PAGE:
I like books that get your attention right from the start, and lines like “Mom says, ‘Billy Twitters, clean up your room, or we’re buying you a blue whale,’” do exactly that. They get your attention.
Honestly, this book had me with the advertisements inside the front cover. Seaman Stubb’s Do-It-Yourself Sailor Tattoo Kit sold me on their “Hula Girl” design, and what self-respecting book reviewer could pass on a mail order course from Professor Pequot on Monkey Training or Scurvy Etiquette?
But this book isn’t about tattoos or monkeys or vitamin C deficiency. It’s about Billy Twitters, a boy who doesn’t clean his room, doesn’t brush his teeth, doesn’t finish his baked peas … and does end up with a blue whale.
And all the responsibilities that come with it.
Billy needs to take his blue whale to school. He needs to feed it. He needs to play with it, clean it, and check it for barnacles. The book follows Billy through Day One of blue whale ownership. In the end, Billy does learn responsibility. He also learns hanging out inside a whale, at least his blue whale, isn’t nearly as bad as that guy Jonah made it out to be.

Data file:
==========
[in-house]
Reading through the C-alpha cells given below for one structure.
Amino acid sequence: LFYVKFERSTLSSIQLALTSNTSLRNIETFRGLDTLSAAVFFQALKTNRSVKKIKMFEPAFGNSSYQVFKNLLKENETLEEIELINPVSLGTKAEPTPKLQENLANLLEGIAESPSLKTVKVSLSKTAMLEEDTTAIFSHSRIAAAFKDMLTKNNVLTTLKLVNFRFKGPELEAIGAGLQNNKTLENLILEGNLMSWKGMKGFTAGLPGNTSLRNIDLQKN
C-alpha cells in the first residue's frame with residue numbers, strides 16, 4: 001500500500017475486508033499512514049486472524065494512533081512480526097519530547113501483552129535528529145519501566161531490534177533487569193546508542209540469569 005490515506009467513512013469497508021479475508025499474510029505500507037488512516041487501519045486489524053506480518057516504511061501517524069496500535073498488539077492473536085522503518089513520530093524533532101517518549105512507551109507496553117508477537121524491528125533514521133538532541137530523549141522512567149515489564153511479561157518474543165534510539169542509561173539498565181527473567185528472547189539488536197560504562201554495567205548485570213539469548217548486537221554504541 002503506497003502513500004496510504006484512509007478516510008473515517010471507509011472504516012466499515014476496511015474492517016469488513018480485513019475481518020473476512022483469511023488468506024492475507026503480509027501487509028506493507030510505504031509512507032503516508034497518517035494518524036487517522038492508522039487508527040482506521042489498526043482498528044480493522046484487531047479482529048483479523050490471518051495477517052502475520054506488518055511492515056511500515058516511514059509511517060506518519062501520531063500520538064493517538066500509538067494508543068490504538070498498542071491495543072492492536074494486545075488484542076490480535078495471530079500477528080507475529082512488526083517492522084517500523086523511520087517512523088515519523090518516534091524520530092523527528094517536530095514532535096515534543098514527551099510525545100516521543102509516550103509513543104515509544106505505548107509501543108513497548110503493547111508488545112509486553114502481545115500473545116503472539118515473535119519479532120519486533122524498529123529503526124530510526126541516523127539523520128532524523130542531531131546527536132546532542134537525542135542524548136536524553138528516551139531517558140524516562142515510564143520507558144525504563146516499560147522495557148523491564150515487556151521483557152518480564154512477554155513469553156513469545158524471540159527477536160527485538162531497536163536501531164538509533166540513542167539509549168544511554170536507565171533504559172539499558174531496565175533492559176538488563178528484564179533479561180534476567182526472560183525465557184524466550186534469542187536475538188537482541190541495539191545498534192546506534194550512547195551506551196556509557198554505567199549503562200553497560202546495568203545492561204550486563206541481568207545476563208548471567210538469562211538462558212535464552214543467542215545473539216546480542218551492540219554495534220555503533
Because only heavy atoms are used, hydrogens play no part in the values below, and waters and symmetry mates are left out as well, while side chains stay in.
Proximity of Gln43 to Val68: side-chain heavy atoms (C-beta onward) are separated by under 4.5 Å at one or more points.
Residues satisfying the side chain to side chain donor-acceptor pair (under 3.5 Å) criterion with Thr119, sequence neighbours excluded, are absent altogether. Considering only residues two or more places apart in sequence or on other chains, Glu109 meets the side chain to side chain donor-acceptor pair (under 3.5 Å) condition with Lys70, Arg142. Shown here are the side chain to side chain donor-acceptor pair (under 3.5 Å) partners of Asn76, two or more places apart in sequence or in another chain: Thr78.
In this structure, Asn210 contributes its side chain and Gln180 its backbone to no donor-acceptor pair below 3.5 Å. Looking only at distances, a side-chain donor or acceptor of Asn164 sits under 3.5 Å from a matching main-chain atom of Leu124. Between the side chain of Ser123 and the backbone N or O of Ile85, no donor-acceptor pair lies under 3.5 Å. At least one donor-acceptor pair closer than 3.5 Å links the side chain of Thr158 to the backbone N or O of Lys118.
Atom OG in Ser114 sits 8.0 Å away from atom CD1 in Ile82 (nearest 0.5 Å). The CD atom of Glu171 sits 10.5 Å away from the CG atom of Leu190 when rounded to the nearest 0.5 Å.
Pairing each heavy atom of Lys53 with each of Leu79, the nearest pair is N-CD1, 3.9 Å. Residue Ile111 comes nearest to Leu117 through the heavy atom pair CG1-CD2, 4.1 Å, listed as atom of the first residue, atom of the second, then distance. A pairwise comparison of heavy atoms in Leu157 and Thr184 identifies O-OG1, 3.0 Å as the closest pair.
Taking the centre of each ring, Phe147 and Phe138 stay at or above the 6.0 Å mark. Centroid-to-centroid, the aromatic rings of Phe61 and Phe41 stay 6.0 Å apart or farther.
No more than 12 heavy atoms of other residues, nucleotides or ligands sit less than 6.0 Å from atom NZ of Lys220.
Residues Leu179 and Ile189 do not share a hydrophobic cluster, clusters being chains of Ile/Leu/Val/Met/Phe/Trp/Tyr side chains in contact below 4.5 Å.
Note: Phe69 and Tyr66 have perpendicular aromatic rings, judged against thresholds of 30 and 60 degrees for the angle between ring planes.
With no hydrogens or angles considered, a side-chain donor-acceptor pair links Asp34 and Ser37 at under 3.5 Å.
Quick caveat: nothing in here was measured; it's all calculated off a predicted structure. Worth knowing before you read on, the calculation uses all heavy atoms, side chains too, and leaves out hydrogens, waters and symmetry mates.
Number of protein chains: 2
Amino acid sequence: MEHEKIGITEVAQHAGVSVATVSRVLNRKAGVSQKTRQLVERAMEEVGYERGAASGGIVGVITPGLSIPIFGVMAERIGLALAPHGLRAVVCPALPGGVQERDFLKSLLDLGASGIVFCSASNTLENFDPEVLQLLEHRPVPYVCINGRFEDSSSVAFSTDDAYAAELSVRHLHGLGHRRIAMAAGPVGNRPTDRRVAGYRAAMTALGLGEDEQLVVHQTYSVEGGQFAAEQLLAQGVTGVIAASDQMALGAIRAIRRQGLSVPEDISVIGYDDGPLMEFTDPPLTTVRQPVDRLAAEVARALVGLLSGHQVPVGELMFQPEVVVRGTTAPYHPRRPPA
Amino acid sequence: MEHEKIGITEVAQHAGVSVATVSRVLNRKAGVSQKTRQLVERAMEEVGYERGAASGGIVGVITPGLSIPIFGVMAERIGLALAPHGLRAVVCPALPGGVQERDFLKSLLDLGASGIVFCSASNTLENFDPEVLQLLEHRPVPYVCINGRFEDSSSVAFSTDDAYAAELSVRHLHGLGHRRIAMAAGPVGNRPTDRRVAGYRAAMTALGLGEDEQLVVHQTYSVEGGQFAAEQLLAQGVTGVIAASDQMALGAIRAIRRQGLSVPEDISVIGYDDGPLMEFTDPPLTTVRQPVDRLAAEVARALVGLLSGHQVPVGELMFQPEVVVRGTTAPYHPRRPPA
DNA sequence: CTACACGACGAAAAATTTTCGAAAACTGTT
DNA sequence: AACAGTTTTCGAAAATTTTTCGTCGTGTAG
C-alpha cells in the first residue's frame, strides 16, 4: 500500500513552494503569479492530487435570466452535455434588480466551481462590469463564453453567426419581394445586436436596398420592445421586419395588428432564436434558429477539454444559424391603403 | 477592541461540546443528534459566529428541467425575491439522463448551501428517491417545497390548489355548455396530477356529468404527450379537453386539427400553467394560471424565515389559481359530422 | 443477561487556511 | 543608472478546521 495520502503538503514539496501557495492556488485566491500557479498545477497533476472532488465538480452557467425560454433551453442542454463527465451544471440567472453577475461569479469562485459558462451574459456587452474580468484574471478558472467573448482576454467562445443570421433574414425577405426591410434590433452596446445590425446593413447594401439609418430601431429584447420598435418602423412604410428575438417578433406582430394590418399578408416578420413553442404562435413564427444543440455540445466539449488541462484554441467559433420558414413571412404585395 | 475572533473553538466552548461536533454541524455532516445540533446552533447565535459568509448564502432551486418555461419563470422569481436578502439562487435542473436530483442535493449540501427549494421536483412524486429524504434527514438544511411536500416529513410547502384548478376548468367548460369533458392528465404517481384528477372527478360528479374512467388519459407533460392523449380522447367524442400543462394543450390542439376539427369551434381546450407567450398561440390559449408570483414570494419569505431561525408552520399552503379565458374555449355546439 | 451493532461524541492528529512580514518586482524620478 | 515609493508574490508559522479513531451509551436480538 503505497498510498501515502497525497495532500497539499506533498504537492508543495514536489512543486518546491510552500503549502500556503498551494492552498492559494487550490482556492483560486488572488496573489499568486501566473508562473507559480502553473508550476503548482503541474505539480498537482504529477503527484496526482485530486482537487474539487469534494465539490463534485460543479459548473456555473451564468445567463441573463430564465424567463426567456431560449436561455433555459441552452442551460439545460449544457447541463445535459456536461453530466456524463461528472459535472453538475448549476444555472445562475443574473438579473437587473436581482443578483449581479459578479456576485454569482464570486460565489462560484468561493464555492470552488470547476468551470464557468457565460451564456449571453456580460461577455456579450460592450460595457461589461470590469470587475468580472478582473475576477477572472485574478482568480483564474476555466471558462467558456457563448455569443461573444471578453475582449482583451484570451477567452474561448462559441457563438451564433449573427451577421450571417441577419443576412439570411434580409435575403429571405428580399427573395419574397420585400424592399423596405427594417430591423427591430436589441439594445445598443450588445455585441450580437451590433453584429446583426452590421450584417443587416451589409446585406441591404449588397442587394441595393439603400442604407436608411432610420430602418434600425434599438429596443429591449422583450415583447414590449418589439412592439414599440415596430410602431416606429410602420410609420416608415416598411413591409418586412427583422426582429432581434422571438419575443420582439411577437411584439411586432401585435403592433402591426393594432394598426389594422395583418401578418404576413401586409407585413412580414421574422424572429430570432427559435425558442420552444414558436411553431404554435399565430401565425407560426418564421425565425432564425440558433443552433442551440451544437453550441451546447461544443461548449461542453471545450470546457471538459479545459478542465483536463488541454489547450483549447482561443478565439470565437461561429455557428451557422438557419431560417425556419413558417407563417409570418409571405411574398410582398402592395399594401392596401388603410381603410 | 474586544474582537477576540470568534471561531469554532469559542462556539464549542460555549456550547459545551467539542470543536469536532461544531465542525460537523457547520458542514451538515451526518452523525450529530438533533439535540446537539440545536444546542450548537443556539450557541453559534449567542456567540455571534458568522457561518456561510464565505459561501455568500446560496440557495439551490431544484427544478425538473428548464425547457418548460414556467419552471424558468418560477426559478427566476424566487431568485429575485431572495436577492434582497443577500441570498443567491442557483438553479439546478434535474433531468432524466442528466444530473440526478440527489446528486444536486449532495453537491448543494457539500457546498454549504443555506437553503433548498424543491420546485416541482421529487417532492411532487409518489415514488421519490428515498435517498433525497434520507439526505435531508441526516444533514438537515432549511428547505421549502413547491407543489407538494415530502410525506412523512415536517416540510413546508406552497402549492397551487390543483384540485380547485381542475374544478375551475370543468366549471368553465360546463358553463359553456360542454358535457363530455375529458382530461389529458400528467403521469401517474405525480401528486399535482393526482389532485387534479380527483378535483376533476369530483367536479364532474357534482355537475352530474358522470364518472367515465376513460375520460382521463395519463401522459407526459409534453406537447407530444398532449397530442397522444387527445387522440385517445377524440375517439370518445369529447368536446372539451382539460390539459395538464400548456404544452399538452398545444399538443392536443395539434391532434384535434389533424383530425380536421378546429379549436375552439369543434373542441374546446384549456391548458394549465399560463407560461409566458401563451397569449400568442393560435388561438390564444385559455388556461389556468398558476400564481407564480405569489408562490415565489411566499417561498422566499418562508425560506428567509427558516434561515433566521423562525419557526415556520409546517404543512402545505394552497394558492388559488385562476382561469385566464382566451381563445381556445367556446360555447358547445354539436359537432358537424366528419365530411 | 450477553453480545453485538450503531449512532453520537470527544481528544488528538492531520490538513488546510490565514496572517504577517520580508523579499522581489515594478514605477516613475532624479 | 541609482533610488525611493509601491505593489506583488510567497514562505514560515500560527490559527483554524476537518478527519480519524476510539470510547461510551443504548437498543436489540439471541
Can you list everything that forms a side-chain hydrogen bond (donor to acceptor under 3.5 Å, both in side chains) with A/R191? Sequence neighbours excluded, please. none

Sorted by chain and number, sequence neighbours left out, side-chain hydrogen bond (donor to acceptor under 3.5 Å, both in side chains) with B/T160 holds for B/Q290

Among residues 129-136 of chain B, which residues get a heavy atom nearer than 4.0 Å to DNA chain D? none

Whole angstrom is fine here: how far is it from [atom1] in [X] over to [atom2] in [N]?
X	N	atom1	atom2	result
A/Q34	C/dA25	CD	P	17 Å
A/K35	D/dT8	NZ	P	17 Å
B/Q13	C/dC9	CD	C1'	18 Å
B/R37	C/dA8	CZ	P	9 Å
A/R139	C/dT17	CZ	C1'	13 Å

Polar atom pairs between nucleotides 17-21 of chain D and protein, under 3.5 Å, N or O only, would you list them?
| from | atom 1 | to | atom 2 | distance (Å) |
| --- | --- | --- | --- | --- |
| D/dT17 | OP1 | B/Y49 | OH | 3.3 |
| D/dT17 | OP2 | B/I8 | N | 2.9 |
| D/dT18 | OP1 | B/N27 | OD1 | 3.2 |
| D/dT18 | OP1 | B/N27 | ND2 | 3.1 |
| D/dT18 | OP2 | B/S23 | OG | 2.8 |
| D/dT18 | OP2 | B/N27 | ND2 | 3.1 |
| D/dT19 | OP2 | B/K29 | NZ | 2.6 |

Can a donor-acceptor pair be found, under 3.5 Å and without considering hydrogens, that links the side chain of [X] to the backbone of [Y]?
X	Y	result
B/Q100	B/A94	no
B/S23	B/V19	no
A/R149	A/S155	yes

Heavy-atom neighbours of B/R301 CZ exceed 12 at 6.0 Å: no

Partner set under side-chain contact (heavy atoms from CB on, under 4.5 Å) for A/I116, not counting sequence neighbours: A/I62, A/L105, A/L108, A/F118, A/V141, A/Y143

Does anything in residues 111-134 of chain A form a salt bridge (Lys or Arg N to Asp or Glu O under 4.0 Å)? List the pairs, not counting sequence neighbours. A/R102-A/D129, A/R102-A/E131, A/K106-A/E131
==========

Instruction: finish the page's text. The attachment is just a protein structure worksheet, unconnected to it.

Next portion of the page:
Kids will certainly enjoy the story, but adults will enjoy it on another level. Kids will find it funny that Billy tows his blue whale to school on a skateboard behind his bike, but it’s the adults who will giggle when they realize Billy lives in San Francisco. Kids will like Billy’s Blue Whale Owner’s Manual, but the adults will notice the manual resembles the emergency cards in commercial airplanes. (And that whales apparently have emergency exit routes.)
This is what makes Mac Barnett and Adam Rex’s book such a winner: Billy Twitters and His Blue Whale Problem will have both kids and adults laughing. And it’s books like Billy Twitters – books that kids and adults enjoy together – that truly Help Readers Love Reading!